Vinyl Cuts – Retro Web Design

image: pexels.com

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This site stands out to me because of how retro it looks. The pixelated style of the homepage, and the glitches of the moving gif gives it a ’60s, ’70s feel to it. The only thing you see on the homepage is,

“YOUR WEEKLY GUIDE TO THE HBO SERIES

VINYLCUTS

SEE THE ISSUES”

VinylCuts looks as though it is being projected from the bottom right corner of the page, in faint colors of green, blue, pink, red, and orange. The background of the page has a space-like feel to it, as if we are traveling through a blue sea of dust.

It’s fitting that the homepage looks this way because of the title, VINLYCUTS. When I think of VINYL, I think of record-players, the ’70s, and the theme, retro. There is a clear contrast factor here because the main part of this page that the viewer should see is the word VINYLCUTS because of the style, and font of the word, and the fact that it is sandwiched between the boring little white font of “Your weekly guide to the Hbo series” and “see the issues”.

After clicking on the homepage, I’m lead to a page with rows of images that look like magazine covers, with the title “VINYLCUTS” with headliners such as “The Rock ‘n Roll Queen,” and “No Risk, No Reward.” Each image is numbered, starting with 00, onto 01, 02, until 10. At this point, it’s easy to understand that these are episodes of the first season on HBO of a show called VINYLCUTS. If you click on one of the images, you get an inside preview of the issue and the show, that gives the information on what the episode is about, on set photos, as well as how they recreated the 1970s. By clicking through this site, I have learned more about what the site is about and what it has to offer.

With it’s 1970’s feel and tv-like haze, the site has convinced me to search for more information about this new HBO series. I needed a new show to watch.

Diamonds, Diamonds, Diamonds

image: kaboompics.com

http://counterclimate.converse.com/#!/film

I prefer the simple things. Simple colors, sleek design, darks and lights, the usual. This site takes the things I love and develops a beautiful web design. After clicking on the link, a rectangle shows up in the middle of the black background and has waves of color. In the middle of the rectangle is a number counting up to 100, signifying that the web page is loading. After it reaches 100, I see the word “Diamonds” written largely in white, taking up most of the page in graffiti spread across the page horizontally over a gif. The gif is repeating of a silhouette in a black hoodie standing in the rain of what looks like a street with lights in the background. The rain drops run through the “Diamonds,” and looks three dimensional.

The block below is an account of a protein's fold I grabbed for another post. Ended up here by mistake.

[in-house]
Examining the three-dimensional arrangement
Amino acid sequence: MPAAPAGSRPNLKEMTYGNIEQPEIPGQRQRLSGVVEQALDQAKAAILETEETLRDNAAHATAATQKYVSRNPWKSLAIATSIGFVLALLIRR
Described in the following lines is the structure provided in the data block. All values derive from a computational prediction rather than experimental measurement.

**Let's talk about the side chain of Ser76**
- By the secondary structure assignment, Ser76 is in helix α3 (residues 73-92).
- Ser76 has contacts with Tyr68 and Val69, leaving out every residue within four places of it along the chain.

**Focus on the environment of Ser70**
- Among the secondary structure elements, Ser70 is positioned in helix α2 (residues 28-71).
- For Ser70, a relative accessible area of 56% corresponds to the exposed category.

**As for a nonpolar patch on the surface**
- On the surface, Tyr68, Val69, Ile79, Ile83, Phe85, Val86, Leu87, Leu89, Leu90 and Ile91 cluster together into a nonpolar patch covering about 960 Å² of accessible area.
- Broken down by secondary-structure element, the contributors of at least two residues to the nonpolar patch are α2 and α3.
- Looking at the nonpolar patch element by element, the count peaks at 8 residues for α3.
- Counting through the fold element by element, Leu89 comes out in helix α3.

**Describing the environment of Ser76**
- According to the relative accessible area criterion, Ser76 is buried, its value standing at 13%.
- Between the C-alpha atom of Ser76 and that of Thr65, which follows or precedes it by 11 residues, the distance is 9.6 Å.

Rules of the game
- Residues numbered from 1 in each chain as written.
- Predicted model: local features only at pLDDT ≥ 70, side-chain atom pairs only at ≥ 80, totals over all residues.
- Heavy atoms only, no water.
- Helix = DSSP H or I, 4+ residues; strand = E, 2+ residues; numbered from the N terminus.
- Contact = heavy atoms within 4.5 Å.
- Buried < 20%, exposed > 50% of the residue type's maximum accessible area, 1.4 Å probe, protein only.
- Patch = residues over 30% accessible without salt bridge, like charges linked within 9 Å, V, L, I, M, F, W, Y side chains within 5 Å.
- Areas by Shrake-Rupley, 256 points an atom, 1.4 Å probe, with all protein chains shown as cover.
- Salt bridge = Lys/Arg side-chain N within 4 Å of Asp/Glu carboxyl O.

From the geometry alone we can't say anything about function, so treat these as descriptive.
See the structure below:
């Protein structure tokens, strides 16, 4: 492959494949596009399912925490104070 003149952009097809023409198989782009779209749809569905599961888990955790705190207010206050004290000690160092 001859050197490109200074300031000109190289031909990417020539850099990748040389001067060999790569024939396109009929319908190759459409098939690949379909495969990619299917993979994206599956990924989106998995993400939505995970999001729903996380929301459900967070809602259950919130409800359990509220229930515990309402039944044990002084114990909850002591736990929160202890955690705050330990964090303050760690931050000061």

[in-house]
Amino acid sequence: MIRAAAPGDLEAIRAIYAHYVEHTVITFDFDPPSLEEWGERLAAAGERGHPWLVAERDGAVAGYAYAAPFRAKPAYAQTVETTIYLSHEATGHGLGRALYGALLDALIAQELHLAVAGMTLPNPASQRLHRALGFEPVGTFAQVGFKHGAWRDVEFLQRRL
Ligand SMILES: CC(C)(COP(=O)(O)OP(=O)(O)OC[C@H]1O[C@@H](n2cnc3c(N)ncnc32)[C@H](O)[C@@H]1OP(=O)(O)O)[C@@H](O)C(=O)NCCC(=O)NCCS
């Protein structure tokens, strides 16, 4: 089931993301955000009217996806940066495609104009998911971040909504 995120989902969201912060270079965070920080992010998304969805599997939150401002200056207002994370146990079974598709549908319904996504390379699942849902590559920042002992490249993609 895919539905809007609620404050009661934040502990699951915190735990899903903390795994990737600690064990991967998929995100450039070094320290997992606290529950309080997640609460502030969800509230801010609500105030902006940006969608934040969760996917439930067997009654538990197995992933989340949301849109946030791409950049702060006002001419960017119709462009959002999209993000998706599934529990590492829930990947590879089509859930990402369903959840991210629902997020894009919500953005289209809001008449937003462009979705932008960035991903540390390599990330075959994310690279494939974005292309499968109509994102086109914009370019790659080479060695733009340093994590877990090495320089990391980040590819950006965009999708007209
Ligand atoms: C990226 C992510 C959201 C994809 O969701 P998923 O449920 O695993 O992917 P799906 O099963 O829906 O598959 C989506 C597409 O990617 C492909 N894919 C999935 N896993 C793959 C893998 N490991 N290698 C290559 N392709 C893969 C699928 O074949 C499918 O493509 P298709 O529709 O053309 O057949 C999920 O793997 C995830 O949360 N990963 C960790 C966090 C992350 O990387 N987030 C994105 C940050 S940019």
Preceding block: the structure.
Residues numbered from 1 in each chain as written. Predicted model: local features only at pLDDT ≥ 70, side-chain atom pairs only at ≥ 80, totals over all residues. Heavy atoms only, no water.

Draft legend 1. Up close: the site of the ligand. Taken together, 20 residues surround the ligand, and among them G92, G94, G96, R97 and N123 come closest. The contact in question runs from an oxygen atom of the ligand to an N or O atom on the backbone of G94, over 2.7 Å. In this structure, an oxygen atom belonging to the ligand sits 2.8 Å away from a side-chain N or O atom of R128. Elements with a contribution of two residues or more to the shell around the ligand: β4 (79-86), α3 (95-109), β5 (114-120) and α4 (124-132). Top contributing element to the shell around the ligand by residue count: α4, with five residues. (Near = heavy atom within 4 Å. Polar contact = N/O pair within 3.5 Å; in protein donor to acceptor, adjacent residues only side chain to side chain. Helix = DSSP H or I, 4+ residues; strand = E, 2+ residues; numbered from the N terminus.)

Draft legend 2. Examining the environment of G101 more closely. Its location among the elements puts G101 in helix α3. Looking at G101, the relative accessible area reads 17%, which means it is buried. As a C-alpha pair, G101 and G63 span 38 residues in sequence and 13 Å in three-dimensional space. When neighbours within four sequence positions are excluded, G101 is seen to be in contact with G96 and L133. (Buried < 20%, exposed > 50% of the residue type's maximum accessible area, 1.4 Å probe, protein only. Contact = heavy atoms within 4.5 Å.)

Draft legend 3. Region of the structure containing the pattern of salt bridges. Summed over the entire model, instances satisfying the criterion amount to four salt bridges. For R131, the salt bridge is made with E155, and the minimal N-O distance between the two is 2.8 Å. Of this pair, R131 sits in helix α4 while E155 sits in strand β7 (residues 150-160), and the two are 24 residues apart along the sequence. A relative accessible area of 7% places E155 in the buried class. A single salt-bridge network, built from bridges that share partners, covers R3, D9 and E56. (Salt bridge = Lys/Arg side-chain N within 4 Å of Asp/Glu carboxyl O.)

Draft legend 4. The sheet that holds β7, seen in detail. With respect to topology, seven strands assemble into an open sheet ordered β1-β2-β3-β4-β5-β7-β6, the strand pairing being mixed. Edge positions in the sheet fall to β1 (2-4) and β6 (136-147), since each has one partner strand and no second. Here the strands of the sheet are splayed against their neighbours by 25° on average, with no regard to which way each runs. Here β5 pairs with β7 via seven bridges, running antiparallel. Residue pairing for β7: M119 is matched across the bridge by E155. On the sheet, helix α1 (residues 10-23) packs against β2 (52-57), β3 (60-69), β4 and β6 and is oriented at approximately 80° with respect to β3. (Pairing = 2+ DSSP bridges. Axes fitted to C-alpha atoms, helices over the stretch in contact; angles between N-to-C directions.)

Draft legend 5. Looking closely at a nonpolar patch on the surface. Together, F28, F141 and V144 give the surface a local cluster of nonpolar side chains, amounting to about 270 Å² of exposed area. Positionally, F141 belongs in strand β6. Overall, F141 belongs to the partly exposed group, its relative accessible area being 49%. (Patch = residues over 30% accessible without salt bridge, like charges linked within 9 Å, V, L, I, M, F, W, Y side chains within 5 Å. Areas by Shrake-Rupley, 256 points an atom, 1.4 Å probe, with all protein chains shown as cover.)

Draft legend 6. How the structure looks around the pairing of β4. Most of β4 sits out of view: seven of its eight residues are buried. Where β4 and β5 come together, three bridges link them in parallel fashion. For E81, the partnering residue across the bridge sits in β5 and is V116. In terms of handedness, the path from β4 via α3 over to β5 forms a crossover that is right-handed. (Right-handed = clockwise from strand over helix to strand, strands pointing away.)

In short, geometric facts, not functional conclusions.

Bordering this gif is about 1 inch of black on the top and bottom, and on the top, in the center, is the word “converse” in white, and below in red in the same font as “Diamonds” are the words “Keith Ape”. Under those two words in tiny writing is “present.” This gives me the impression that they are presenting a new brand or showcasing something unique in a way as if it is a new movie or television show. On the footer of the page is written in the same font as “Diamonds” but smaller and in red, “Start Film”. The dark colors in the gif and the borders of the page give the feeling of the film as mysterious and foreboding.

After clicking “Start Film”, the words melt away as if from the rain, and music starts with a male voice singing, “Diamonds”. The film is made in the perspective of the viewer of the page, as if they are experiencing what is happening firsthand.

The video consists of raindrops, neon lights, colors, lights, cars driving by, and lighting affects that make the video seem like it is pausing and starting, in a “trippy” way. The video gives the site a different feel, like the story behind owning a pair of converse. This can be seen as an effective and engaging way to sell converse because of the music and colors. The music is similar to a rap song, targeting a specific audience of a younger crowd, similar to who converses’ main consumer crowd is.

Best Site to Use Texture

image:pexels.com

https://artsandculture.withgoogle.com/en-us/

Whoa, man. This site is my favorite site out there. I mean, maybe there are more sites out there I haven’t found that I would like but…anyway, this site is amazing. I almost feel as though I don’t have to go to the places they showcase because I’m already there with the sounds, images, and feeling I’m given from the site.

So, basically, the site is about the National Parks around the country. They lure in the viewer with their use of heavily textured, moving images (gifs), their short clips of nature, such as birds flying, with the sound of their wings flapping in slow motion over the calming music, their slight movement from the reds of the earth to the greens of the forest, to the movement of the ocean above us. They use all sorts of perspectives to show the beauty of Earth just from a short preview of what you’re about to explore on the page. Because this content of the homepage stands out, I didn’t even see the navigation and footer bars, which have tiny tiny font compared to the dead center title of “The Hidden Worlds of the National Parks,” in white over the video. The only option you have on this homepage is to click “Start Exploring” in blue, tempting.